Safety of Antihistamines During Pregnancy

If you're pregnant, you may wonder if it's safe to use antihistamines. These are commonly used to treat allergic rhinitis as well as insomnia, nausea, vomiting, motion sickness, and dizziness. Nearly 15% of pregnant women report taking an antihistamine during their first trimester.

Studies have shown that most antihistamines do not appear to be linked to birth defects and that certain medications, such as Zyrtec (cetirizine) and Claritin (loratadine), may be safe to use during pregnancy.

A pregnant business woman blowing her nose
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Study of Antihistamines in Pregnancy

A group of researchers from Boston Massachusetts and Singapore sought to determine the safety of antihistamines taken during the first trimester of pregnancy.

The data from this study is extremely encouraging that antihistamines are generally considered safe during pregnancy. The previous associations between antihistamine use during the first trimester and birth defects was not confirmed in this study.

The researchers examined data collected over a 12-year period of time, from 1998 to 2010, on over 13,000 babies born with birth defects, and compared them to nearly 7,000 babies without birth defects.

Approximately 14% of all babies had been exposed to various antihistamines the mother took during the first trimester of pregnancy. Some antihistamines, such as Benadryl and Claritin, have increased in pregnancy use over the years, while the use of other antihistamines, such as Chlor-Trimeton and Unisom has decreased.

However, in an attempt to assess the risk of developing other common birth defects, the researchers did find an association between the use of Chlor-Trimeton and any neural tube defect and with various congenital heart malformations.

There was also an association between the use of Benadryl and one type of congenital heart malformation (transposition of the great arteries). However, the authors are careful to point out that these are only hypotheses that require further study.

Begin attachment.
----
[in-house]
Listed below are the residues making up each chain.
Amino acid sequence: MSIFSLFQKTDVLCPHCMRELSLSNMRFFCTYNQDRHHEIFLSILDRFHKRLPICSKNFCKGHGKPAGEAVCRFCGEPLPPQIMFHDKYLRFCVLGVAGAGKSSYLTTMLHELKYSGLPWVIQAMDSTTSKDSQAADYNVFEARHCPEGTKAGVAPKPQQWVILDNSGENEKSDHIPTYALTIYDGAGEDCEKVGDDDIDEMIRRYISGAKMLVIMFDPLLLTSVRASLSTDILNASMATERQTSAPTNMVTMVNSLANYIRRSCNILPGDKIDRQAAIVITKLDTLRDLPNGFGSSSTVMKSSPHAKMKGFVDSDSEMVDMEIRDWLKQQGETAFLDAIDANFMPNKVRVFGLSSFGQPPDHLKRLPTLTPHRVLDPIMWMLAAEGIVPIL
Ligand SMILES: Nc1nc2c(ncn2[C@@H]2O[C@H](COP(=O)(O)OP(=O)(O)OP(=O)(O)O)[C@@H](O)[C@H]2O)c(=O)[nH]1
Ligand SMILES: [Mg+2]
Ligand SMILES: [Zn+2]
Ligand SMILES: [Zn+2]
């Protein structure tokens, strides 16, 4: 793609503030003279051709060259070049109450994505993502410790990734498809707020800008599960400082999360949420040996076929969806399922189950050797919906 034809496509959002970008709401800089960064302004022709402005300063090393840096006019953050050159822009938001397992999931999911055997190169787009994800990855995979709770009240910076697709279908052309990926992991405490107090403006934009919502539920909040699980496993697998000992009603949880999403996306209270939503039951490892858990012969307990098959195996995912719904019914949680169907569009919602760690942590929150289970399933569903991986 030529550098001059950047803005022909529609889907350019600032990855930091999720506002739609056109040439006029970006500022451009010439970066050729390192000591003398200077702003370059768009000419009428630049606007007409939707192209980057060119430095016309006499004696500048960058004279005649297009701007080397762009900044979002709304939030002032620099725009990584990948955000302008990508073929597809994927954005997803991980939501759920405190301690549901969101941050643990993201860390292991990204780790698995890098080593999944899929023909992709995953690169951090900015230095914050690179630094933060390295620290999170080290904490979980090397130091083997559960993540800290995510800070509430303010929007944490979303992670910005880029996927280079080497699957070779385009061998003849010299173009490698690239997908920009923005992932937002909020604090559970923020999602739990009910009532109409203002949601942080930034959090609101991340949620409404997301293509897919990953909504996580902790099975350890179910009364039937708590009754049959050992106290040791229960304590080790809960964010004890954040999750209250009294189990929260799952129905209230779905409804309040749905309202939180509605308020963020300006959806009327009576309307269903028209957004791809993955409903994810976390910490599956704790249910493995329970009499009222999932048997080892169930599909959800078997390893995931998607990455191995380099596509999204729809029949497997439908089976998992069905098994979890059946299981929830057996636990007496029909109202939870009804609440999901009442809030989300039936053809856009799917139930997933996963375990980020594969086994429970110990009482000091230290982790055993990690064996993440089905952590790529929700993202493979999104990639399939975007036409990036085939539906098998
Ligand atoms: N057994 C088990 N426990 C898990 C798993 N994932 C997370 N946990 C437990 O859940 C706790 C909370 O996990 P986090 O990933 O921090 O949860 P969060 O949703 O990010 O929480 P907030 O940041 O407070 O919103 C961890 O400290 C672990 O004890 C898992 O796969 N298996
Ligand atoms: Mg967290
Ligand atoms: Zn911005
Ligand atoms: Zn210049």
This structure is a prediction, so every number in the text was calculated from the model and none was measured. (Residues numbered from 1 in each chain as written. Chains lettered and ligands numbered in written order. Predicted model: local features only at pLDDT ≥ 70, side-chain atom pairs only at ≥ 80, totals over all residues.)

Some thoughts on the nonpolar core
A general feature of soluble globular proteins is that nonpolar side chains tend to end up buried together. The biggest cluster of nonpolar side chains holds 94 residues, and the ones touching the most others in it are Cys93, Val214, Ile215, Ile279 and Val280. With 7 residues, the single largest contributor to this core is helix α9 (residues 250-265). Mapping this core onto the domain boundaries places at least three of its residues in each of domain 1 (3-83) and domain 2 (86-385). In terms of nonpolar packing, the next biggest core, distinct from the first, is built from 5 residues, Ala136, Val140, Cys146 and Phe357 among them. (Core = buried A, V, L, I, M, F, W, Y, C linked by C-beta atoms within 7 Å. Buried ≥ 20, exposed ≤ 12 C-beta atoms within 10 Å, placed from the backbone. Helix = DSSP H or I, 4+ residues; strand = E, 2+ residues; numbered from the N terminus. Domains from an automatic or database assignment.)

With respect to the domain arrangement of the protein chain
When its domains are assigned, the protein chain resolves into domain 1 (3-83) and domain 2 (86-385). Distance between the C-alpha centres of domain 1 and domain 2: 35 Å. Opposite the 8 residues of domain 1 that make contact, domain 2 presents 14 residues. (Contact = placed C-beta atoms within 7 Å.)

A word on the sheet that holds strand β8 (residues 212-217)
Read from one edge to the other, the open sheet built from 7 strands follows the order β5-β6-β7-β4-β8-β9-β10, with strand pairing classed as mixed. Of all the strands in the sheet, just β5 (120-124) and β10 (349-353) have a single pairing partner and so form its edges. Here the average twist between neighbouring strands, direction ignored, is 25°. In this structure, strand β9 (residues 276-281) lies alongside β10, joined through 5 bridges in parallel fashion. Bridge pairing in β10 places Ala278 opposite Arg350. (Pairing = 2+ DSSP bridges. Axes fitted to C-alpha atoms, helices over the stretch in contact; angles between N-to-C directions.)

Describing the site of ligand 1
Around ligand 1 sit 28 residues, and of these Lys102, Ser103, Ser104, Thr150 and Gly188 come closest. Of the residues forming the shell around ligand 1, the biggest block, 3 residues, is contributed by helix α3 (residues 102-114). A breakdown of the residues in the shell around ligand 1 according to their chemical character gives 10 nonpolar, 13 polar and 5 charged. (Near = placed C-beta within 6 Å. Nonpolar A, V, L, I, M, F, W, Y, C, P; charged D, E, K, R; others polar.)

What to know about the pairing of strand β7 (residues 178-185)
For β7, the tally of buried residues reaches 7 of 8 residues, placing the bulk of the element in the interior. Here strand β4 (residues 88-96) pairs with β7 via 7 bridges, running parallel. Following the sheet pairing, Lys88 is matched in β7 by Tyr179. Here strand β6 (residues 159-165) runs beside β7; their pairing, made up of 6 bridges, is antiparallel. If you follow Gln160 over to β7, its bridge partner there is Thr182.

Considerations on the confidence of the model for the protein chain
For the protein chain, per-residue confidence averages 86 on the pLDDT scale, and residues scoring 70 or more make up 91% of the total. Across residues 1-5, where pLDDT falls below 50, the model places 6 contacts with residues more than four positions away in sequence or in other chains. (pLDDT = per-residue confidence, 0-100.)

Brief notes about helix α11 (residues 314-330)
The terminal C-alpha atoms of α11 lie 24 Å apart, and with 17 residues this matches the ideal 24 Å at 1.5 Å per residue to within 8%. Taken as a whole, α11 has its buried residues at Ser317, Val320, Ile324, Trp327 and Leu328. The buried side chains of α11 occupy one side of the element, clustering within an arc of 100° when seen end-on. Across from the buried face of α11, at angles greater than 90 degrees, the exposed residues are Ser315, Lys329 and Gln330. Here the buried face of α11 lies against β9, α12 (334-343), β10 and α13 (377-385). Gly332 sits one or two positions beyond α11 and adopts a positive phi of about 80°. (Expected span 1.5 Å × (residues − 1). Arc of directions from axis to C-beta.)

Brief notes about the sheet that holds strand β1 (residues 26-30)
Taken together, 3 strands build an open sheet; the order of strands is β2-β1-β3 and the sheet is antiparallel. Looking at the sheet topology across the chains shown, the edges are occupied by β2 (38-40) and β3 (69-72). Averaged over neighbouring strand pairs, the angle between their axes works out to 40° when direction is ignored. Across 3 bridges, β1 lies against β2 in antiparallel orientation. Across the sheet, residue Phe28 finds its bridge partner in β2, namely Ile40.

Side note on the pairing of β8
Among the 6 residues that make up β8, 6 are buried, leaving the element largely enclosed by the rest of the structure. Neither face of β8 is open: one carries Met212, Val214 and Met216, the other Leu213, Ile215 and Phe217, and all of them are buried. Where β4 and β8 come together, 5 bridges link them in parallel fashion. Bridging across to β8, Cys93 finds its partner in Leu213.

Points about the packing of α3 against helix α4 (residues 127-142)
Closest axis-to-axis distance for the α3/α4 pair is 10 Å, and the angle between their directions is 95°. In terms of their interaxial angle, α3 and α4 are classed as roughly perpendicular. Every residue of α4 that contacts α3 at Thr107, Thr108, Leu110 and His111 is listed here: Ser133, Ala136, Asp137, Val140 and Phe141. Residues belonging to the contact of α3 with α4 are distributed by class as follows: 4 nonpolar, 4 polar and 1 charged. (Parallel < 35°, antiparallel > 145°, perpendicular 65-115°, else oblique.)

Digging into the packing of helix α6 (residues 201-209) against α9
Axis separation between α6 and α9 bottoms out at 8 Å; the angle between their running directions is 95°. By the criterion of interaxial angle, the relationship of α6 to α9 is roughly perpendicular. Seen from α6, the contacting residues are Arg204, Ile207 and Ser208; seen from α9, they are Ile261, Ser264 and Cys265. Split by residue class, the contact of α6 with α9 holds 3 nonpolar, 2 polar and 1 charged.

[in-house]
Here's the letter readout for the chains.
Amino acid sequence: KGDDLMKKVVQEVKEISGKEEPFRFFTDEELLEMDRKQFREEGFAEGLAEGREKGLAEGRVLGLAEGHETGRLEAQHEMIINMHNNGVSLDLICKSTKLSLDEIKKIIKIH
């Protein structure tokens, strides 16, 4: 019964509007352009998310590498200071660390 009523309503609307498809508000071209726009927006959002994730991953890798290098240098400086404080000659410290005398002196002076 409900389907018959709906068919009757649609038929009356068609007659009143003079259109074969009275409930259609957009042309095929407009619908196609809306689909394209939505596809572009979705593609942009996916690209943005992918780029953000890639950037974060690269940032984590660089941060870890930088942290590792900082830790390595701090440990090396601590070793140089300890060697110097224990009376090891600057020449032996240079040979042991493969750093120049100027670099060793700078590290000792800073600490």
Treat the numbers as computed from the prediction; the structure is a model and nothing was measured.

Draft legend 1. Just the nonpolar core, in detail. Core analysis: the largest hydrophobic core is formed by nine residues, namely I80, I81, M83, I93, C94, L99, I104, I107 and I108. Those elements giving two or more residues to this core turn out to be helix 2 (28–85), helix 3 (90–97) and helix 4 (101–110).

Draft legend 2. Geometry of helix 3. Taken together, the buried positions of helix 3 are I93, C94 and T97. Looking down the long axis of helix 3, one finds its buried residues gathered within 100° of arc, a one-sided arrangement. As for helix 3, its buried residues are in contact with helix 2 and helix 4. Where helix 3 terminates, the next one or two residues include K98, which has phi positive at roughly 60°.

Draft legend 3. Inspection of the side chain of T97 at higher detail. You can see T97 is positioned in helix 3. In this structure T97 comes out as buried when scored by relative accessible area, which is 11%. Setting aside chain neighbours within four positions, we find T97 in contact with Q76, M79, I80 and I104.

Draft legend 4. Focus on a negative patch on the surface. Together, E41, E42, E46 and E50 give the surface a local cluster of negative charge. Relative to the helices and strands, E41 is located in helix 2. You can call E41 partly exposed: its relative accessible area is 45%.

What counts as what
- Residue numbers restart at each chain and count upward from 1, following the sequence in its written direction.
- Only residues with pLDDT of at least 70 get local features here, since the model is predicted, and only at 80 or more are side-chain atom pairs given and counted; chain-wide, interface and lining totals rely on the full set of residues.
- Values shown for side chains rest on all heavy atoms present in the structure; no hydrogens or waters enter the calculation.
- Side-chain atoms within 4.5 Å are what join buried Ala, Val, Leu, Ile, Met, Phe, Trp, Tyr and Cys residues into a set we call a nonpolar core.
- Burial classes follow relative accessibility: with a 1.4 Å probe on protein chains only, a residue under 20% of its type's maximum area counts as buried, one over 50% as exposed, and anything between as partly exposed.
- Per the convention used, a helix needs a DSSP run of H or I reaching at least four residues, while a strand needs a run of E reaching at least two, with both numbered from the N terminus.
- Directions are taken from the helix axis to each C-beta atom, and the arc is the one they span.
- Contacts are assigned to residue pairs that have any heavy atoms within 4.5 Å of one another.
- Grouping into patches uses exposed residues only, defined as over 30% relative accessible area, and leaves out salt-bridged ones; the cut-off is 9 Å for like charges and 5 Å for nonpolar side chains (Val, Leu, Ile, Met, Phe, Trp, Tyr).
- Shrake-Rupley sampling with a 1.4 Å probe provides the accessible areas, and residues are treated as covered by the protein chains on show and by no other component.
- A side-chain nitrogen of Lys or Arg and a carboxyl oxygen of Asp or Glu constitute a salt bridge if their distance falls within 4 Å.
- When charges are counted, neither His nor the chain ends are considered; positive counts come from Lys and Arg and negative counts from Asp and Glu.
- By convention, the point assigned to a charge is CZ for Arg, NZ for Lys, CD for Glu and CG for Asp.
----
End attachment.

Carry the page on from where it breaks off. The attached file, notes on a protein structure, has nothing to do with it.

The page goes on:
In a 2014 study conducted by the Centers for Disease Control and Prevention (CDC), researchers reviewed 54 published scientific articles that examined the link between antihistamine use during pregnancy and birth defects.

They found that the use of most types of antihistamines during pregnancy is not linked to birth defects. However, the researchers noted that certain antihistamine medications need to be further studied to determine their safety in pregnancy.

According to the American College of Obstetricians and Gynecologists (ACOG), studies show that the following over-the-counter antihistamine medications may be safe to use while pregnant:

  • Chlorphenamine
  • Dexchlorpheniramine
  • Hydroxyzine
  • Cetirizine
  • Loratadine

Although research suggests that many antihistamines are generally considered “safe” during pregnancy, it's recommended that you consult with your healthcare provider before taking any over-the-counter medications.

Possible Associations Between Antihistamines and Birth Defects

Associations between antihistamines taken during the first trimester of pregnancy and certain birth defects include:

  • Diphenhydramine (Benadryl): Cleft lip and cleft palate, neural tube defects, spina bifida, limb reduction defects, gastroschisis.
  • Loratadine (Claritin): Hypospadias.
  • Chlorpheniramine (Chlor-Trimeton): Eye defects, ear defects, spina bifida, cleft lip, and cleft palate.
  • Doxylamine (Unisom): Cleft lip and cleft palate, pyloric stenosis, hypoplastic left heart syndrome, spina bifida, and neural tube defects.

Even though most antihistamines are available OTC without a prescription, pregnant women should seek the advice of a physician prior to taking any medication, particularly during the first trimester of pregnancy.

Any medication taken during pregnancy is best taken for the shortest amount of time, and at the lowest dose that is effective for treating symptoms. The benefit of taking any medication needs to be weighed against the risk of not taking the medication.

3 Sources
Verywell Health uses only high-quality sources, including peer-reviewed studies, to support the facts within our articles. Read our editorial process to learn more about how we fact-check and keep our content accurate, reliable, and trustworthy.
  1. Gilboa SM, Ailes EC, Rai RP, Anderson JA, Honein MA. Antihistamines and birth defects: a systematic review of the literatureExpert Opinion on Drug Safety. 2014;13(12):1667-1698. doi:10.1517/14740338.2014.970164

  2. Li Q, Mitchell AA, Werler MM, Yau WP, Hernández-Díaz S. Assessment of antihistamine use in early pregnancy and birth defectsJ Allergy Clin Immunol Pract. 2013;1(6):666–74.e1. doi:10.1016/j.jaip.2013.07.008

  3. American College of Obstetricians and Gynecologists (ACOG). What medicine can I take for allergies while I'm pregnant?

By Daniel More, MD
Daniel More, MD, is a board-certified allergist and clinical immunologist. He is an assistant clinical professor at the University of California, San Francisco School of Medicine and currently practices at Central Coast Allergy and Asthma in Salinas, California.